Along with mangroves, wet grasslands, and coral reefs, sandy beaches are natural elements offering coastal protection by buffering the impact of storm surges caused by hurricanes and other extreme weather events.
As such, beyond constituting one of the preferred recreational options of a large part of the Cuban population, particularly during the holiday season, safeguarding this valuable ecosystem is a matter of the highest priority for the country.
An additional factor is the risk arising from the gradual rise in average sea level. In the waters surrounding the island, this rise has been on the order of 6.77 centimeters since 1966 to date, while projections indicate that it could reach up to 27cm in 2050 and 85cm in 2100.
Thus it is no surprise that Task 1 and more specifically, Task 3, of the State Plan for Confronting Climate Change, approved by the Council of Ministers in April, involve measures and projects aimed at conserving, maintaining, and recovering sandy beaches across the Cuban archipelago, prioritizing those dedicated to tourism, and reducing the existing vulnerabilities in surrounding properties.
In addition to representing a serious danger to small island states, average sea level rise is one of the main causes of erosion in many coastal areas of the world.
The process has adversely affected the environmental quality of several beaches on the west and southern coasts of the United States, Jamaica, Mexico, the Dominican Republic, Spain, South America and the Black Sea area, to name just a few examples, where the actions of human beings also contribute to the deterioration of natural conditions.
As D.Sc. José Luis Juanes, senior researcher at the Institute of Marine Sciences, told Granma, studies developed within the Macro Project on Coastal Hazards and Vulnerability for the years 2050 and 2100, confirmed that the erosion of Cuban beaches is widespread, with an estimated average coastal erosion rate of 1.2 meters per year, which may be higher in certain areas; a figure similar to that reported for the Caribbean region.
The causes, he explained, are largely due to the aforementioned increase in average sea level, combined with strong swells associated with the passage of meteorological phenomena of considerable intensity, and shortfalls in sand producing sources.
Another key factor is historically harmful practices, which damaged the physical stability of beaches, mainly constructions built over natural dunes, the extraction of sand for construction purposes, and the incorrect design and location of jetties and docks, Dr. Juanes noted.
According to the results of the most recent updated studies by Cuban scientists, at the end of 2016, the total number of beaches included on the national registry relating to this type of ecosystem was 499 (in 2015 the figure was 454); while of the 257 that have been technically evaluated, 85% show signs of erosion.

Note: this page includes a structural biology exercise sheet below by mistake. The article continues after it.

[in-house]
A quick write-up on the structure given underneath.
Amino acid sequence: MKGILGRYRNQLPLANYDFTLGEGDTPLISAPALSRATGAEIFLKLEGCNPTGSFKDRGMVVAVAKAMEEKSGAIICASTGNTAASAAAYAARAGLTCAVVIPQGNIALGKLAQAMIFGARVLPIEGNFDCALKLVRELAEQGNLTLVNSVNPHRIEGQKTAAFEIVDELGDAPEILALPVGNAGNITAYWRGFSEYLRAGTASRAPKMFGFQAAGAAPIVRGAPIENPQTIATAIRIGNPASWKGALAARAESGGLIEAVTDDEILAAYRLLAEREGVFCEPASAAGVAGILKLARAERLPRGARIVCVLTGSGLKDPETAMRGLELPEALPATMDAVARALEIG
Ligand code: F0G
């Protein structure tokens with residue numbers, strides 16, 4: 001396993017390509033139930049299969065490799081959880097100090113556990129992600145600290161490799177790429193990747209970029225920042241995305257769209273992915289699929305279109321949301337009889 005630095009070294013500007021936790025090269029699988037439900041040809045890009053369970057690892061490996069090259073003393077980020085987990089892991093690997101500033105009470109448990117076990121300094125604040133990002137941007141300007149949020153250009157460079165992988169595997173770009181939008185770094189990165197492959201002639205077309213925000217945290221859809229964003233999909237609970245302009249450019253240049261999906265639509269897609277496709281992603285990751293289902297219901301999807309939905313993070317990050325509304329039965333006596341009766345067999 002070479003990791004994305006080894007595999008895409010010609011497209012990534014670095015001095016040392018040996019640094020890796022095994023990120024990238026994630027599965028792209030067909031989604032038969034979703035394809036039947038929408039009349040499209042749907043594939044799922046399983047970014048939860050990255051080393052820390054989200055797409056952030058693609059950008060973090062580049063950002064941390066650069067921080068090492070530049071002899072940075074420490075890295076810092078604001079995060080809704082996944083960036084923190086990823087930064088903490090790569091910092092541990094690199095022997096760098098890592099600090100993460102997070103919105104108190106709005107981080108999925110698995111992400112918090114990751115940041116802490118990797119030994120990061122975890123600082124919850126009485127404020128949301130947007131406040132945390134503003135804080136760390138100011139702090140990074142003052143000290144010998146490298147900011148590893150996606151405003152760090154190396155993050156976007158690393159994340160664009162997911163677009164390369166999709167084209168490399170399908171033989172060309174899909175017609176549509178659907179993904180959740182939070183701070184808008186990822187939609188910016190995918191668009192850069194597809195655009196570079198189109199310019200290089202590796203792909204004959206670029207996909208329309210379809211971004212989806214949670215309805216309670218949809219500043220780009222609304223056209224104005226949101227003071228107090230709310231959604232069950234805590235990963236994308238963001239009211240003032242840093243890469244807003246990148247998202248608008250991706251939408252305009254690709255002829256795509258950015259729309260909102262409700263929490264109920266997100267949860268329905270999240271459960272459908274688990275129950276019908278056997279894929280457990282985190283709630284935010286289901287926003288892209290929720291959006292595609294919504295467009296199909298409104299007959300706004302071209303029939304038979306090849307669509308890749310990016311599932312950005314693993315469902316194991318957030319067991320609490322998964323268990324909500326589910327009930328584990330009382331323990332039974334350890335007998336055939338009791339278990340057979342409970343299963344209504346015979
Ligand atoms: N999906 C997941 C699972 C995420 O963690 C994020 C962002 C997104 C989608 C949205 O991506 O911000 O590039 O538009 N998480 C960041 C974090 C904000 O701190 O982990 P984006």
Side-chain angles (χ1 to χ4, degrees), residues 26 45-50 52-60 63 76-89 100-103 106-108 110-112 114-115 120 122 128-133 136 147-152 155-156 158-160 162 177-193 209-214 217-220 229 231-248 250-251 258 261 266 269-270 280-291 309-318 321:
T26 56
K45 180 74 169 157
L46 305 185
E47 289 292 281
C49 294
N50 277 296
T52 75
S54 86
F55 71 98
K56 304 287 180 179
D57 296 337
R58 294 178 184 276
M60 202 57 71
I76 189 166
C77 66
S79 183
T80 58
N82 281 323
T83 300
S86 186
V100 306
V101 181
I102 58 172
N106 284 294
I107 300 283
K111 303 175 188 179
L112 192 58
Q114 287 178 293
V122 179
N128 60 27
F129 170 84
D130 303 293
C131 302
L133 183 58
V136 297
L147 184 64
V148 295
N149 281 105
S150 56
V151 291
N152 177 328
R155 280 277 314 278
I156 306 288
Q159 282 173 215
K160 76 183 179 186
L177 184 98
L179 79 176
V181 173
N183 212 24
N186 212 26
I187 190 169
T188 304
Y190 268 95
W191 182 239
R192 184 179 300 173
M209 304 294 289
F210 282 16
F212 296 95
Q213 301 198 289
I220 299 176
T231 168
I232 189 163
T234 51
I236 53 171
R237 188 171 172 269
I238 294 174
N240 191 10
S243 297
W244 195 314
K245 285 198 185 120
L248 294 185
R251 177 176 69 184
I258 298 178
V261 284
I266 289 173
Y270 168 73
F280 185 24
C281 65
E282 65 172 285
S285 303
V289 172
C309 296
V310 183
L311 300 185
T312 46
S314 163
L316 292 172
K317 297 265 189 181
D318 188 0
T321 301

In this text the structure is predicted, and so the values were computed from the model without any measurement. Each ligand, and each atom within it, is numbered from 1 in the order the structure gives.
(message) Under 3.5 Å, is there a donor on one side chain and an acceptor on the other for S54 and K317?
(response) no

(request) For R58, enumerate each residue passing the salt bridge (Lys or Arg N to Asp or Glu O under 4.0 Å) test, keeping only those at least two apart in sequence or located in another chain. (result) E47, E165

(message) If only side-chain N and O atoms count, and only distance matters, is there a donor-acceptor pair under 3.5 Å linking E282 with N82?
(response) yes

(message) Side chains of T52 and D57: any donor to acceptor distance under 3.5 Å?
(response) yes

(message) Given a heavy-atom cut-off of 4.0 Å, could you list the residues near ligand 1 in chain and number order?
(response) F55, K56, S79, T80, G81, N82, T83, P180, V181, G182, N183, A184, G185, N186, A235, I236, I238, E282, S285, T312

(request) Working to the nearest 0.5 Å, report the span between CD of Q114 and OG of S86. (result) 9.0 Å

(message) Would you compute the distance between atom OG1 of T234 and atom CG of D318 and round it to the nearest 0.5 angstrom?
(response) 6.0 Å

Likewise, the disappearance of ten sandy beaches, such as the cases of Majana, Guanímar, Cajío, Mayabeque, Rosario, and La Pepilla, located to the south of the provinces of Artemisa and Mayabeque, was confirmed. As well as suffering the impacts of human activity over a long period, these beaches were severally affected by the swells caused by hurricanes Gustav and Ike in 2008, leaving them practically devoid of sand.
Among the most notable evidence of such impacts is the existence of numerous fallen and damaged trees in the sea.
It was also found that with the passage of intense hurricanes, coastal flooding surpasses the sand dunes in several parts of the country. This tendency leads to the transfer of sand to interior lagoons, causing significant changes to the coastline.
The monitoring carried out between October, 2015, and the same month of 2016, showed that at all the beaches visited, the morphological structure of sand dunes had been conserved, noting the extension and increase in vegetation, which, Dr. José Luis Juanes asserted, reflects several consecutive years without the occurrence of extreme erosive events in the areas studied.
But sedimentological studies of sand at the beaches evaluated that year, demonstrated the predominance of medium sized grains of sand, with a biogenic composition including a high degree of sedimentary maturity, something that could be interpreted as a sign of a natural deficit in the supply of new material to form these beaches, he commented.
All the knowledge accumulated on the subject, and especially the experiences gained from works initiated in 1987 aimed at the recovery of the sections of Varadero beach affected by erosion, that have allowed, among other favorable impacts, the expansion and maintenance of strips of sand used by bathers, with required quality indicators, demonstrate that Cuba has the capacity to take on the challenge of implementing measures that lead to the comprehensive recovery and conservation of its sandy beaches.
The list of those beaches that will be subjected to this type of work in the short term includes, among others, Majana, Guanímar, Cajío, Mayabeque, Caimito, Tasajera, Guanabo, Veneciana, Salinas, Caracol beach on Cayo Las Brujas, and Playa Larga on Cayo Coco.